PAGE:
Smart Banking Habits
The National Check Fraud Center offers the following tips for safer banking:
- Review and balance bank statements upon receiving them and notify the bank of any alterations or forgeries.
- If you must write your PIN number down, put it in a secret place and do not indicate what it is. NEVER write your PIN number on your ATM card because if it is lost or stolen a stranger will have access to your funds.
- Avoid using checks or deposit slips as scratch paper because they simply contain too much personal information.
- Shred bank-related documents--even if they are old or related to a closed account.
- Never throw away convenience checks from credit card accounts without shredding them.
- Do not sign a check until you're ready to deliver it and do not endorse a check until it’s cashed or deposited.
- Never provide bank account or credit card information to a random caller or email. Scam artists frequently pose as bank officers to steal from account holders. Remember, banks do not need to ask for account information they already have.
- Remember to fill in the payee and the amount lines when you write a check. To guard against potential alterations, draw a horizontal line to fill in remaining space.
Phishing and Pharming/What you need to know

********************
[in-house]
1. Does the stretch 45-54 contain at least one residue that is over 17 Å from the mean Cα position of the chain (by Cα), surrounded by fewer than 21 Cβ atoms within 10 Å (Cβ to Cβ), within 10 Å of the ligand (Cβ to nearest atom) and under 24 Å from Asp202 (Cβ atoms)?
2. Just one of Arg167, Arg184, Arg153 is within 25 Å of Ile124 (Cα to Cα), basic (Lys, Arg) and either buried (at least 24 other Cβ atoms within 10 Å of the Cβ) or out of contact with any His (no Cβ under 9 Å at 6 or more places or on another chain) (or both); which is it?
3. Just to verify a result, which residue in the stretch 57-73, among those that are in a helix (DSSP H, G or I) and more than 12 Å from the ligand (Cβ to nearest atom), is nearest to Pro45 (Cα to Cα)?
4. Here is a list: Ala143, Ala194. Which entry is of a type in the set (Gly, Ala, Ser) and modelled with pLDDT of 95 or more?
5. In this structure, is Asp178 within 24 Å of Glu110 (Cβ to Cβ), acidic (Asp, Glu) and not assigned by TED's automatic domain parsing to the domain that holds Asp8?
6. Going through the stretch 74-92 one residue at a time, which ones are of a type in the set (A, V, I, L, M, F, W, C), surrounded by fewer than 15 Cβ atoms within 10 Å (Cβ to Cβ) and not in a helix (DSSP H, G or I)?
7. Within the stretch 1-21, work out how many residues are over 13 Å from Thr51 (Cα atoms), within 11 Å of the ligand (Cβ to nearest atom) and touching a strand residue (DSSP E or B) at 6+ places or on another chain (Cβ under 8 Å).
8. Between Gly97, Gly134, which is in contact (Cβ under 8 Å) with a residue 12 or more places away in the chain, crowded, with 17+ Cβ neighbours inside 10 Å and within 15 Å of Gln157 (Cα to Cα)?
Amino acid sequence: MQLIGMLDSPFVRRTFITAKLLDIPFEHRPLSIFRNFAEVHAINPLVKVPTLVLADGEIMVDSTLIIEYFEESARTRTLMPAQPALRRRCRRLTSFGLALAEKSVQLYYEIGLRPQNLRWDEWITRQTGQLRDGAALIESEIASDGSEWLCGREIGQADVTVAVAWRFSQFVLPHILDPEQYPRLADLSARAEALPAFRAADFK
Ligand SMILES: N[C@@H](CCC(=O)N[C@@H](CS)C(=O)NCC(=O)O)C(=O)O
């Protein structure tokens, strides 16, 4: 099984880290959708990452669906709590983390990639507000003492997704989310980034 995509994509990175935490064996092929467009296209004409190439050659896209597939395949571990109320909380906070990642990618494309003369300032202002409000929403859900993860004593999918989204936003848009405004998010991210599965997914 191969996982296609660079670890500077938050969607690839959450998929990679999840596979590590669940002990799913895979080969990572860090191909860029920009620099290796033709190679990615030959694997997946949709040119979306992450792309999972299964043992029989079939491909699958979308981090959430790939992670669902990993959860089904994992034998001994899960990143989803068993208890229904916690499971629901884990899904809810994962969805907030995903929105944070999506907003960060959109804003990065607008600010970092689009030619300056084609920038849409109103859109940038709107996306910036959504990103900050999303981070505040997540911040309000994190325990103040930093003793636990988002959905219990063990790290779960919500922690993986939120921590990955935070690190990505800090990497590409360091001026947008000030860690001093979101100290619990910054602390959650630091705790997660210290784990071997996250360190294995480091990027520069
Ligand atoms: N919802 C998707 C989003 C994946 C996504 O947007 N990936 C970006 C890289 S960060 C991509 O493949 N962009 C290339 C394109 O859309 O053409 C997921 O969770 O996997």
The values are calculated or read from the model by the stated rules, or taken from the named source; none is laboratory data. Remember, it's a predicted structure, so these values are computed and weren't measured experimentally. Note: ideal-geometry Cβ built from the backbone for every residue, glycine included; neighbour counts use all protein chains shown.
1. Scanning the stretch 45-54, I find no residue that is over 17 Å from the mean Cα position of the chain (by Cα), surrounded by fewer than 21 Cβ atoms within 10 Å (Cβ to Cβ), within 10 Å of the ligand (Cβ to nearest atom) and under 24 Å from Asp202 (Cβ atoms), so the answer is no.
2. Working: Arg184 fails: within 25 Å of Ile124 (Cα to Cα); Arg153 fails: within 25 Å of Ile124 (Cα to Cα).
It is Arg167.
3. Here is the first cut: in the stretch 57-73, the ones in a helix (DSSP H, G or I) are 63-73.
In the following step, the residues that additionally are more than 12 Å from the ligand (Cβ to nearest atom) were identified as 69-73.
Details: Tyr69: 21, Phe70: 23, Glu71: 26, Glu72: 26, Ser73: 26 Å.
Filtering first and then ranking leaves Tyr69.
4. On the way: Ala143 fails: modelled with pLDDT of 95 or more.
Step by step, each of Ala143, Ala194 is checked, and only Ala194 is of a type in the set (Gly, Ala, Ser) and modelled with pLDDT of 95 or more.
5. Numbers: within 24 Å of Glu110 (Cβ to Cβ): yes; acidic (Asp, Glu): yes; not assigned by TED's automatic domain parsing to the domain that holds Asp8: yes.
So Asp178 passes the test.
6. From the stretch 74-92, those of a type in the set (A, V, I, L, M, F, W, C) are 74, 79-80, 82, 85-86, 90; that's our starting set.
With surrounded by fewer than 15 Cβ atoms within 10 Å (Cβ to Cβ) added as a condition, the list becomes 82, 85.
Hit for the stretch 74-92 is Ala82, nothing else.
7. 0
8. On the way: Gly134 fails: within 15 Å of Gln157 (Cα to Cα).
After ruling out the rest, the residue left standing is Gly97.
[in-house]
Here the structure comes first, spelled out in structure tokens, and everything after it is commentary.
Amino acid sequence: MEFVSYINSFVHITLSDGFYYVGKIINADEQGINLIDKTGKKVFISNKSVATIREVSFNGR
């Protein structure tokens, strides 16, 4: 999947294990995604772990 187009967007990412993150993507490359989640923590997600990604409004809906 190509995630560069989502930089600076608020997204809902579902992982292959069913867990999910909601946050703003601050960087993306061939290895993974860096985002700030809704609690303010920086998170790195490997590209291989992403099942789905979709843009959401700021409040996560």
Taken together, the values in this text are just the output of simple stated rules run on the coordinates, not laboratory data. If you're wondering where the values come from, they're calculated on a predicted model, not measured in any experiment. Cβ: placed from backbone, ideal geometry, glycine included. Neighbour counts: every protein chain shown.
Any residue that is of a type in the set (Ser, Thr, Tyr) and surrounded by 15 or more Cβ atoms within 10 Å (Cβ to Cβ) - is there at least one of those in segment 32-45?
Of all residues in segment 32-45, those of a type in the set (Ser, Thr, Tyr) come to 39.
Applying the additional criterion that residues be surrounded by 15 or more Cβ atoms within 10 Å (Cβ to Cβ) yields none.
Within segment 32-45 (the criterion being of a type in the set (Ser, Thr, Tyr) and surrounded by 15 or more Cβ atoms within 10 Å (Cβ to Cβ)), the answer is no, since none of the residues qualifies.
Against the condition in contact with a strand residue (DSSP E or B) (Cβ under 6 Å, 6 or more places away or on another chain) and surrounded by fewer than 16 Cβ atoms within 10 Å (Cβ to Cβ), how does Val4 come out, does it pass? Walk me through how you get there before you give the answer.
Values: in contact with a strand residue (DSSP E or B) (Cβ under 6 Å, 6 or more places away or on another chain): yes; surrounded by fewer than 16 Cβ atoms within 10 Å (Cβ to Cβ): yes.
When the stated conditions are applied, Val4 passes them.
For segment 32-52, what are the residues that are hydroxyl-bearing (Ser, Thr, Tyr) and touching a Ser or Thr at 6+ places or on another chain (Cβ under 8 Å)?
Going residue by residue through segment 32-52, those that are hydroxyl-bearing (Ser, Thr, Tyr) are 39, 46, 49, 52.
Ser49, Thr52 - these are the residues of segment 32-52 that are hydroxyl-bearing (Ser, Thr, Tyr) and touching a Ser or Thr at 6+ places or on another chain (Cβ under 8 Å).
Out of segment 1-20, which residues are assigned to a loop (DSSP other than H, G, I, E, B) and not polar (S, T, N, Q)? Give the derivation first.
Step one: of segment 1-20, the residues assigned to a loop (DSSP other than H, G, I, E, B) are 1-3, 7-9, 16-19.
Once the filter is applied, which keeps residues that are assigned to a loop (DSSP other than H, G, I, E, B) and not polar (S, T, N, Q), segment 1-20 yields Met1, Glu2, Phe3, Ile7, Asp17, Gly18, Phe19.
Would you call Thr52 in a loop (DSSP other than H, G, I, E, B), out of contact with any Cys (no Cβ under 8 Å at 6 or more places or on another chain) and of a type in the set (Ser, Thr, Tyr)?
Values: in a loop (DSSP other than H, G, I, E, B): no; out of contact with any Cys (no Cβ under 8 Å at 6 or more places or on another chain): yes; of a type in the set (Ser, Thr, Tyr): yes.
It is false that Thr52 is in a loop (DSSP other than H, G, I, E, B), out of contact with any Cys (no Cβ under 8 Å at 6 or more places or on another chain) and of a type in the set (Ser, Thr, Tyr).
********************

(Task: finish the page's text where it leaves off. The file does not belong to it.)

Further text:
In the course of human development, we changed from a group of hunters and fishers into an agricultural society. As is consistent with our nature, ID thieves also moved from "phishing" to "pharming". Though the analogy is engaging and the terms a little confusing, the danger is real and on the rise.
Unfortunately, phishing is now a well-established approach to ID theft. It occurs when a perpetrator posing as a legitimate financial organization uses email to retrieve personal and financial data.
Pharming occurs when an email purporting to be from a known organization carries a computer virus that infects a victim's computer in one of two ways. One sends the victim who types in a legitimate domain name to a bogus site. The other records keystroke information and transmits it to a criminal who then uses the data to access the account.
Some suggestions on how to avoid becoming a victim of phishing or pharming:
- Never click on links in e-mail text
- Be suspicious of any e-mail that does not end with a .com domain name
- Ensure that the Web site is secure
- Update Internet browsers and Windows operating systems
- Never act upon any e-mail or pop-up ad that asks for personal or financial information
- Review bank and credit card statements immediately
- Report suspicious activity to your bank
- Report suspicious activity to the Federal Trade Commission
This problem is not going away, nor is there any foolproof solution to it. If you have any doubts whatsoever, contact your financial institution immediately.